6

I'm trying to boot up Exton's Android build on Raspberry Pi 2, but I seem to be getting the rainbow screen.

Here is what I have - 4 partitions as follows

  • boot which has 512 MB, flagged as bootable
  • system which has 1 GB
  • cache which has 512 MB
  • data which has over 10 GB

I used to GParted through Elementary OS - Freya to format and partition.

My config.txt file looks like this -

hdmi_force_hotplug=1
hdmi_drive=2
config_hdmi_boost=4
disable_overscan=1
framebuffer_width=1280
framebuffer_height=720
kernel=zImage
device_tree=bcm2709-rpi-2-b.dtb
initramfs ramdisk.img #0x01f00000
mask_gpu_interrupt0=0x400

I've tried different SD cards (different manufacturers) and checked the power input. Everything seems to be fine but I still get the rainbow screen.

Note: I tried to load berryboot's bootloader for Pi 1 (even though mine is Pi 2) and it seems to be going past the rainbow screen and showing the OS setup screens.

But berryboot's bootloader for Pi 2 or Exton's build or other similar builds don't seem to go past the rainbow screen.

Any help would be highly appreciated.

UPDATE: I tried to boot Windows IoT yesterday. Still getting the rainbow screen. One of the SD cards was a Class 10.

  • which USB devices do you have attached? – ths Nov 11 '15 at 13:42
  • I tried powering up with and without the USB devices, still no luck. I have a USB dongle connected to Pi which has the keyboard and mouse connected to it. – Aswin Ramakrishnan Nov 11 '15 at 14:19
  • Power supply problem? – Patrick Cook Nov 12 '15 at 4:02
  • I just tried to boot Raspbian and it loads up right away.. I don't think it's the Power supply problem.. I come across a LOT of threads where people were saying it was the SD cards.. But I seriously doubt it.. There has to be something going on with the bootloader or the way Raspberry Pi works / boots up. (I seriously don't think Class 10 SD cards is the issue either, because I've tried booting Windows IOT and Raspbian, Windows IOT leads to rainbow screen in ALL the SD cards I've tried but Raspbian boots up right away in every one of those) – Aswin Ramakrishnan Nov 12 '15 at 4:21
  • Sanity checking things not explicitly mentioned in your question: Are your partitions formatted per the installation instructions (i.e. boot/FAT32, system/any, cache/ext4, data/ext4)? Not that it should make any difference, but is there a good reason for you doubling the size of the system partition? You've linked to the second most recent build (the most recent being, I think, here). Is this deliberate? – goobering Feb 16 '16 at 10:24
0

Just a hunch but it's worth a shot: do you have an HDMI cable or even an HDMI-VGA adapter connected? I ran into power issues due to HDMI sucking juice.

  • I did have a HDMI-VGA adapter connected. But I don't understand why it would work with some bootloaders and not with others. Especially Windows IoT's. Did you have any luck without connecting to HDMI port? (For example, a bootloader that failed with HDMI connection worked when you didn't connect HDMI port on boot?) – Aswin Ramakrishnan Feb 16 '16 at 15:26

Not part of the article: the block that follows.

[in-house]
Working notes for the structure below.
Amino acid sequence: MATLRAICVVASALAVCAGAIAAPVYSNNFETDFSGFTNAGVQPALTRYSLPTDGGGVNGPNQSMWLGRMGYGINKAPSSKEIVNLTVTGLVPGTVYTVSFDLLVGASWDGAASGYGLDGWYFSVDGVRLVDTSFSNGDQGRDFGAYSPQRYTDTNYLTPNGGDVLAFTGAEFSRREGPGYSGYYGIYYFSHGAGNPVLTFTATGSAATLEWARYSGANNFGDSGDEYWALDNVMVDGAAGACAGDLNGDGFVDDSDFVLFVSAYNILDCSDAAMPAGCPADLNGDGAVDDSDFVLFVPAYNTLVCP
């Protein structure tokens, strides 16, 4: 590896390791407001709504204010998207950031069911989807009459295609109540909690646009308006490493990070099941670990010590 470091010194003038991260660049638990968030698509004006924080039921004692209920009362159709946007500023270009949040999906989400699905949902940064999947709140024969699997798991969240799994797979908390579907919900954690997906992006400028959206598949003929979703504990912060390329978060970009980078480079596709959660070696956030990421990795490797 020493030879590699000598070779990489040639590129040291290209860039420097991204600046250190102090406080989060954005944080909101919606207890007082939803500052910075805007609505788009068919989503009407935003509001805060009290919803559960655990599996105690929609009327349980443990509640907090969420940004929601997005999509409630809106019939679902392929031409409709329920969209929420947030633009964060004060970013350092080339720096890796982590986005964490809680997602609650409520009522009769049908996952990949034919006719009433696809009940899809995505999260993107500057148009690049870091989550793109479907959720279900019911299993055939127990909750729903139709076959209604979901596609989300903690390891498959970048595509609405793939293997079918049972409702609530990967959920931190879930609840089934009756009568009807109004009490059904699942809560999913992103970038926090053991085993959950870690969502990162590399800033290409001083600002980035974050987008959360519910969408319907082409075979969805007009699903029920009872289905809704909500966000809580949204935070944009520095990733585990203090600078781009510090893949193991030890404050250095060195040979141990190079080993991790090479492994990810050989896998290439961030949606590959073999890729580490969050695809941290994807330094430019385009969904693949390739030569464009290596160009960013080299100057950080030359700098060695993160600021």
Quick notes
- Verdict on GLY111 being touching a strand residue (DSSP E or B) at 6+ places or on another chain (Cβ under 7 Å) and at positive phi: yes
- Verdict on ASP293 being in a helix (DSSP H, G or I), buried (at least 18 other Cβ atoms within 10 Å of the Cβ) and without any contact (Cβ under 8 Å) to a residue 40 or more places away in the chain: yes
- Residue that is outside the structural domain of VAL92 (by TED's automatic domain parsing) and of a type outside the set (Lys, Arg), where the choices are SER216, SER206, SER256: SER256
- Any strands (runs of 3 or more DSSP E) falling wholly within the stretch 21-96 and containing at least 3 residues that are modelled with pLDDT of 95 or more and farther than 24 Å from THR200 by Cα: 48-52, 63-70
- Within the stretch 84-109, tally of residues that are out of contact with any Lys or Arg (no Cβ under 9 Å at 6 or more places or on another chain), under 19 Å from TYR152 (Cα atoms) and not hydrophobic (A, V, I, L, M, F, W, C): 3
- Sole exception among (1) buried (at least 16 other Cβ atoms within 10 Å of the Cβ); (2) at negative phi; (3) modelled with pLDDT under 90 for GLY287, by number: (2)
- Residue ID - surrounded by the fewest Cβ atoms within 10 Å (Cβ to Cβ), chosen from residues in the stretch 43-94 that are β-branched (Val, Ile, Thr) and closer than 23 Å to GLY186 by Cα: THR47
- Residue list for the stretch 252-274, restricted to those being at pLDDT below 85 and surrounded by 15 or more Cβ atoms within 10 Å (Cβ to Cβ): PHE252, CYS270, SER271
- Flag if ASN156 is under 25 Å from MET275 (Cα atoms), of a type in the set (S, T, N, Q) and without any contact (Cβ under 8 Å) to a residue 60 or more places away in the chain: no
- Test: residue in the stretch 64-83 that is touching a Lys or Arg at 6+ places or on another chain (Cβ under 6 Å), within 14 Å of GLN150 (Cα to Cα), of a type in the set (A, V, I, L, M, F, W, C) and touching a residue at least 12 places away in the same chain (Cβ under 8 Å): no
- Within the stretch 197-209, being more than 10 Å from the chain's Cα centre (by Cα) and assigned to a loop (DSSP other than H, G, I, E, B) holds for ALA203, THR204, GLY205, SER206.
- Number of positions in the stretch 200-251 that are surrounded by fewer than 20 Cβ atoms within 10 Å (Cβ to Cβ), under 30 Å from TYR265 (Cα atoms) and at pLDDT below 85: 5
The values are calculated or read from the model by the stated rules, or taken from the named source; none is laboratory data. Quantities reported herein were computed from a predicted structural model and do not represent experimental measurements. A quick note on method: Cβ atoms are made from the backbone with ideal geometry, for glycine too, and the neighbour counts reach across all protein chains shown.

• I have no idea why the bootloader could make a difference (there are too many possibilities) but now since you confirm my hunch I am pretty sure the adapter's the problem. My solution was to use one that works with an external/additional power source. – PiEnthusiast Feb 16 '16 at 15:33
  • @AswinRamakrishnan it could be because certain boot loaders require more cpu power to run or by default will overclock the pi even marginally which would push your overall power usage by the pi and reduce the voltage available to the hdmi-vga adapter – Mohammad Ali May 20 '16 at 3:22
0

If the Pi won't boot past the rainbow screen, there is an issue with the image installation. You'll need to format the SD card and install a fresh image. This should take care of the issue.

0

This is my go to place for all video issues: https://elinux.org/RPiconfig#Video_mode_options

If it were not Windows IoT, in your /boot/config.txt you could try, which should work: hdmi_safe=1

If that works, then try (N=2, but I have gone as high as 8): config_hdmi_boost=N

-1

The rainbow square is there to show you that the amp rating on your power supply is insufficient. Yes, it has to be 5v but it must also be >= 1A or 1000mA.

if your PSU shows it is >= 1000mA then try another PSU as the one you have may be faulty. It is generally recommended IIRC that running it from a USB port on another computer is not a good idea.

  • my power supply is a 5v ==== 2A, is it too much? because i still get the rainbow square thingy!! – Ali Almoullim Feb 16 '16 at 2:52
  • 4
    A small rainbow square in the top right corner is a power warning. A giant rainbow screen is an indication that your boot has failed. – goobering Feb 16 '16 at 10:06
  • @AliAlmoullim I don't want to hijack this question, but not every power adaptor is the same, some are of questionable quality, and long USB cables for instance can experience power loss. Also having things attached like an external HDD without its own power supply or a keyboard with fancy LED's + HDMI etc etc can draw to much power from your Pi causing it to display the rainbow square in the corner of your screen. – Havnar Feb 16 '16 at 15:27
  • @Havnar okay, i have a wifi usb and hdmi cable but I'm guessing the problem is with the long usb cable power supply. Anyway does this damage the Raspberry Pi or is it ok like that? – Ali Almoullim Feb 19 '16 at 7:01
  • @AliAlmoullim Long usb cables tend to be less efficient and lose power. just try with another, shorter, more high quality cable and see if it makes a difference. – Havnar Feb 19 '16 at 9:40

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